The God Game
When you decide to play god make sure you know where the games start and end
Chester Longley is many things, chief among them an exceedingly successful businessman and creator of an empire producing the most globally popular games on the mass market.
He is also an upper-class elitist who has never endured misfortune. He’s a staunch conservative who believes that class isn’t just a circumstance of birth; it’s an indicator of character.
He is in equal parts superior, insecure, vain, snobbish and fearful – the perfect gentleman with a taste for sadism and elegance.
To a man who spends most of his time concocting new schemes and situations for his company to develop – games playing is what life is all about – everything is a game: sex, life, death.
Long tired of the corporate politics that have overshadowed the empire born of his zealous imagination, Chester decides on one last great game of his own in order to find a candidate, or candidates, who will make befitting successors for his dynasty following his retirement. And it is with this in mind he summons a mishmash of five of his employees to his country retreat and presents them with his proposition.
Four of the five assembled party couldn’t be happier about the surreal opportunity that has fallen in their laps, certain the old man has finally lost the plot and all they are to do is ride out his little charade then leapfrog straight to the top of the corporate ladder.
Only the most junior member of the group, mailroom assistant Billy Hunter, a hard worker who has struggled for every gain in life, has doubts, feeling that any offer seeming too good to be true probably is. He has known pain, hardship and humiliation. For him, games are just another way the rich and powerful assert their clout over the lower lines of society. And Chester’s offer, given ever so politely with near-murderous intent, does nothing to change his steadfast opinion.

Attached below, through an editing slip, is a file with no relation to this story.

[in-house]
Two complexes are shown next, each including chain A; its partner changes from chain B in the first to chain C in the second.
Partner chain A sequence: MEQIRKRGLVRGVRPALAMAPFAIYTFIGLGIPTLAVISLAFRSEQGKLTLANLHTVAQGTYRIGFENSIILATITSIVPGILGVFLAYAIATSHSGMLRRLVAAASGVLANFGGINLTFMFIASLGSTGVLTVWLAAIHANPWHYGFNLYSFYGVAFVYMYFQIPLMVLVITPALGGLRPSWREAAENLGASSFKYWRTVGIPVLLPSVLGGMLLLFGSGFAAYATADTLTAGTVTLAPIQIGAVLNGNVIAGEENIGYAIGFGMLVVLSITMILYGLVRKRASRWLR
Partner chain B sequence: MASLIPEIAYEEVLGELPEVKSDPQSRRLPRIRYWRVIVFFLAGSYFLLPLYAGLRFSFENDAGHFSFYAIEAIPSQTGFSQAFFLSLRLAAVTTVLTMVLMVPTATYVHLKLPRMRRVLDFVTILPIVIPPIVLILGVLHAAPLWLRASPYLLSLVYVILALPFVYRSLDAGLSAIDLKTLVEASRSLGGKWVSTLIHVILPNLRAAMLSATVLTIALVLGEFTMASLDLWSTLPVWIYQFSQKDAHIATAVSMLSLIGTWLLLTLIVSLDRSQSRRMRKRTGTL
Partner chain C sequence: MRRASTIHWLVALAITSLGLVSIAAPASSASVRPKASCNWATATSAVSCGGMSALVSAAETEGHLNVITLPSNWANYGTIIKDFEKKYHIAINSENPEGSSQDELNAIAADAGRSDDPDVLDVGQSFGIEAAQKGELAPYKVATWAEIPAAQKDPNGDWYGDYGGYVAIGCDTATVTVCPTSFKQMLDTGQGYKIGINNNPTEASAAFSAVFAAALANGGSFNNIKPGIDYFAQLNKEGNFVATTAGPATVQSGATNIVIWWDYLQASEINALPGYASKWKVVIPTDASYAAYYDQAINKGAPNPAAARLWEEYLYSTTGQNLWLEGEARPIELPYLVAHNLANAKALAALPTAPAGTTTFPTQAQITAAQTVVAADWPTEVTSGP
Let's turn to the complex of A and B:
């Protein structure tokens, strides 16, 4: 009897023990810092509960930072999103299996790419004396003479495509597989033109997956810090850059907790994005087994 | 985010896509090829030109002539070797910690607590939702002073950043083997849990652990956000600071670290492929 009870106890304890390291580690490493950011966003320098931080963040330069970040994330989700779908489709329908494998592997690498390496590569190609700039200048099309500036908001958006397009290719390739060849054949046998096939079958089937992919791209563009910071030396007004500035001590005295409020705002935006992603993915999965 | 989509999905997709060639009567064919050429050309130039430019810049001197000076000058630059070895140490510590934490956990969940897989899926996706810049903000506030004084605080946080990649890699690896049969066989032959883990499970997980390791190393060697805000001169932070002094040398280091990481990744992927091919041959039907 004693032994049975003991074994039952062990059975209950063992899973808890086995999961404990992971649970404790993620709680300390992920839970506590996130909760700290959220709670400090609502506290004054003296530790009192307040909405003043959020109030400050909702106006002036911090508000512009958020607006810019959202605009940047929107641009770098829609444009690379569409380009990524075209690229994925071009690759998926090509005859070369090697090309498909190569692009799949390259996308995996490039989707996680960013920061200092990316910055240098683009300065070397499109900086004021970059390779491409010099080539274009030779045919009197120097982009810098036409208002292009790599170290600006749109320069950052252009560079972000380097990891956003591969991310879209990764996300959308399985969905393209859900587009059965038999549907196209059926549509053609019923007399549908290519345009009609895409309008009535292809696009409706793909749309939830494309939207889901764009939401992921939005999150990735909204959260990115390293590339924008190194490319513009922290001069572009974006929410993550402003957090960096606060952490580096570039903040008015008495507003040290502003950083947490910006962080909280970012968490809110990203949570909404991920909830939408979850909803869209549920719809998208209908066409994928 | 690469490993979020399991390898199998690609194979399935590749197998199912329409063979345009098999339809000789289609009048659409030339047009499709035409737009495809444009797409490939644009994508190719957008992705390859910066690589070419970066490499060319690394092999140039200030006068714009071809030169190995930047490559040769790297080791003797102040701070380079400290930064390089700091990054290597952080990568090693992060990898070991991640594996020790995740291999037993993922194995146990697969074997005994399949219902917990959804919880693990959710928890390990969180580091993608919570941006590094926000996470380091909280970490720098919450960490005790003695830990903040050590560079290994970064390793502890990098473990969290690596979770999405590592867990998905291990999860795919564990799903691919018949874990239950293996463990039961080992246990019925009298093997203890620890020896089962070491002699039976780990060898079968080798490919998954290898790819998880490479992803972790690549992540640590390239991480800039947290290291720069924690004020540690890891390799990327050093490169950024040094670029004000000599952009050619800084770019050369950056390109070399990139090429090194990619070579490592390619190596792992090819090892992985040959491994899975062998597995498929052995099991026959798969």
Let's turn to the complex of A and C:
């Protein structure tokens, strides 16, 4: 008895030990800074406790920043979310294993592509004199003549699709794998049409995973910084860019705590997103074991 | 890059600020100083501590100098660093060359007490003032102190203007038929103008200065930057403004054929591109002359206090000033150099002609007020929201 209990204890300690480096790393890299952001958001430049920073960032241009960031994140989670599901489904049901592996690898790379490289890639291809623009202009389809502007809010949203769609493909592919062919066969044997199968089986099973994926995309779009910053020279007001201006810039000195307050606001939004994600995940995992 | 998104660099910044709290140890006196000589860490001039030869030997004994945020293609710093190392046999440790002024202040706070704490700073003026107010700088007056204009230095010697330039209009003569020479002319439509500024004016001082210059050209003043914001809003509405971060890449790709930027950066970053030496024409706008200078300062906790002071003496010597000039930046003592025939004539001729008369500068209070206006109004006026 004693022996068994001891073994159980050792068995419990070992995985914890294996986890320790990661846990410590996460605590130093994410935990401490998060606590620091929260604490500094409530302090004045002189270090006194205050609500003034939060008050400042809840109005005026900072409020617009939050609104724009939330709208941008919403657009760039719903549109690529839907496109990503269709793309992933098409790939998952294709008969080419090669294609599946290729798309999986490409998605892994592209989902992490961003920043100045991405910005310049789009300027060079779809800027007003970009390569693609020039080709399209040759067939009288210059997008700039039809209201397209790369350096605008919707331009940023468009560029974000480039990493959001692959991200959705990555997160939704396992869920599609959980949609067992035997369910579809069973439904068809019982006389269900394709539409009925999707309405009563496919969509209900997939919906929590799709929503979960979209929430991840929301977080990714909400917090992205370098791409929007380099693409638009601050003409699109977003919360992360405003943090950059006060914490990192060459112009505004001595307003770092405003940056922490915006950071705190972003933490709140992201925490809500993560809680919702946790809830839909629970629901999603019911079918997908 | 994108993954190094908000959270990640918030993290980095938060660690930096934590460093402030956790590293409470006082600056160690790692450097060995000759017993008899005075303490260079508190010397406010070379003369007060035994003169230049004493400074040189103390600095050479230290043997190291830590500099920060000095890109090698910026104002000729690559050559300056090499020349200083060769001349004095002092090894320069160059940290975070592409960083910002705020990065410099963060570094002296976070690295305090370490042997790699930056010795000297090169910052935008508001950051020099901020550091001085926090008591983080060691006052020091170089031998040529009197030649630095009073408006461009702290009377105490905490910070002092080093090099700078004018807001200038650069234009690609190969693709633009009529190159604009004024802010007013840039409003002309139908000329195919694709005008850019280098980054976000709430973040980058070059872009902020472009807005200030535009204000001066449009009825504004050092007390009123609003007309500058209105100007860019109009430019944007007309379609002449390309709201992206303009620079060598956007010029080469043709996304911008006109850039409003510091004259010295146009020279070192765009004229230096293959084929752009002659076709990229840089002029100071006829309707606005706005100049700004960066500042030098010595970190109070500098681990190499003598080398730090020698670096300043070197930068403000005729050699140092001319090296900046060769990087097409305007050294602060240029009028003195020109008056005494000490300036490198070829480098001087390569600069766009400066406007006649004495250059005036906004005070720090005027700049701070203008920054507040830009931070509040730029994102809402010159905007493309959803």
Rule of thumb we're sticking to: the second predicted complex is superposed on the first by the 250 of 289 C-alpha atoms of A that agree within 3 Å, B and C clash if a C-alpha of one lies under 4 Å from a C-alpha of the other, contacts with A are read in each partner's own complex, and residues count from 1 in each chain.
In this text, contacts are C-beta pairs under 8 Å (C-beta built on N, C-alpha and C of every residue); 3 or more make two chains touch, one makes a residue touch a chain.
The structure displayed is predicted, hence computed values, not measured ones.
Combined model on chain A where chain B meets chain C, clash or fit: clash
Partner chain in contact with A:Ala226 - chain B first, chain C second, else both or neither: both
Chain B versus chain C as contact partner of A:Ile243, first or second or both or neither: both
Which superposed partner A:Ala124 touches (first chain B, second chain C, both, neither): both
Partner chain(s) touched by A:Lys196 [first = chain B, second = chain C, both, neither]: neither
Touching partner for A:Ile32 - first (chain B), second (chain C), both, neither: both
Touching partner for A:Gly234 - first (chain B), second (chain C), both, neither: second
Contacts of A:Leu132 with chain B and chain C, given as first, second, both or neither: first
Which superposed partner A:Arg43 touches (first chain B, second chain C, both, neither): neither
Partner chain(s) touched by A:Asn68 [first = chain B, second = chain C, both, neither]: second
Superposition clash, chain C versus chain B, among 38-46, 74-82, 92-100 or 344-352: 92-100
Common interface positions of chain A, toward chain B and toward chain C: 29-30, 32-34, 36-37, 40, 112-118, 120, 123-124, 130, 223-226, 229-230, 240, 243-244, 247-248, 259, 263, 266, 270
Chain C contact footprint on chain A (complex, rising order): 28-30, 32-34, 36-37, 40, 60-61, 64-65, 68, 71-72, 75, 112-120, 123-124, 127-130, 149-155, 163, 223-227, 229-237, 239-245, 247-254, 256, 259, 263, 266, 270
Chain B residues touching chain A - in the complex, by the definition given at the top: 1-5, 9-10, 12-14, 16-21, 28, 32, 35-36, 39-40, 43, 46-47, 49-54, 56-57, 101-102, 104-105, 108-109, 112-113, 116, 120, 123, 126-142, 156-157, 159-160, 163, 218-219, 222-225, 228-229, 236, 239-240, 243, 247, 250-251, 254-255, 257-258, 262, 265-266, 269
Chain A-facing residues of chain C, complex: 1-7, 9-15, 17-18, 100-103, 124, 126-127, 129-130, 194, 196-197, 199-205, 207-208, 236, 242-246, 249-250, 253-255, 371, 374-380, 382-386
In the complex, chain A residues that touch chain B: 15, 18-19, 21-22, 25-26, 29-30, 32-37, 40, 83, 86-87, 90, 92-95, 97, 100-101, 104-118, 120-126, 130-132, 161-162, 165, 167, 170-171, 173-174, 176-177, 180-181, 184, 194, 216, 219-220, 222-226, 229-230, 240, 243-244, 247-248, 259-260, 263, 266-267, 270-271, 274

But his higher ranking and more ambitious colleagues, reluctant to let their cautious subordinate ruin the auspicious chance, apply some fairly relentless arm-twisting. Eventually Billy reluctantly agrees, despite still being certain there must be some deeply hidden twisted catch within the deceptively simple packaging.
And Billy’s uncanny moment of foresight turns out to be one to which they well should have heeded for Chester’s game turns out to be one that will take them to places they could not have imagined, the challenges and scenarios that come their way proving to be more difficult, and for some more deadly, than they could ever have dreamt possible. But, desperate to get their grubby little hands on the up for grabs slice of corporate pie, greed and ambition force the most headstrong among them to dig their heels in despite seeing their lives fly evermore out of control.
Ultimately when the winners, and more pertinently the losers among the group are announced, all sides finally catch on to the full depth of the game’s deception.
With a final twist as cruel as it is inevitable, certain parties discover they have been played from more angles than ever they realised and the ‘little game’ descends into a squirming mass of double-cross and betrayal where the participants, including the great games master himself, find out that if you try to play god too hard god’s going to show you just who’s boss.
And, in the end, it is one of the least expected contestants that demonstrates that not only is he a player of Chester’s calibre, but he’s faster, less principled, and shrewd enough to save the final winning hand for himself.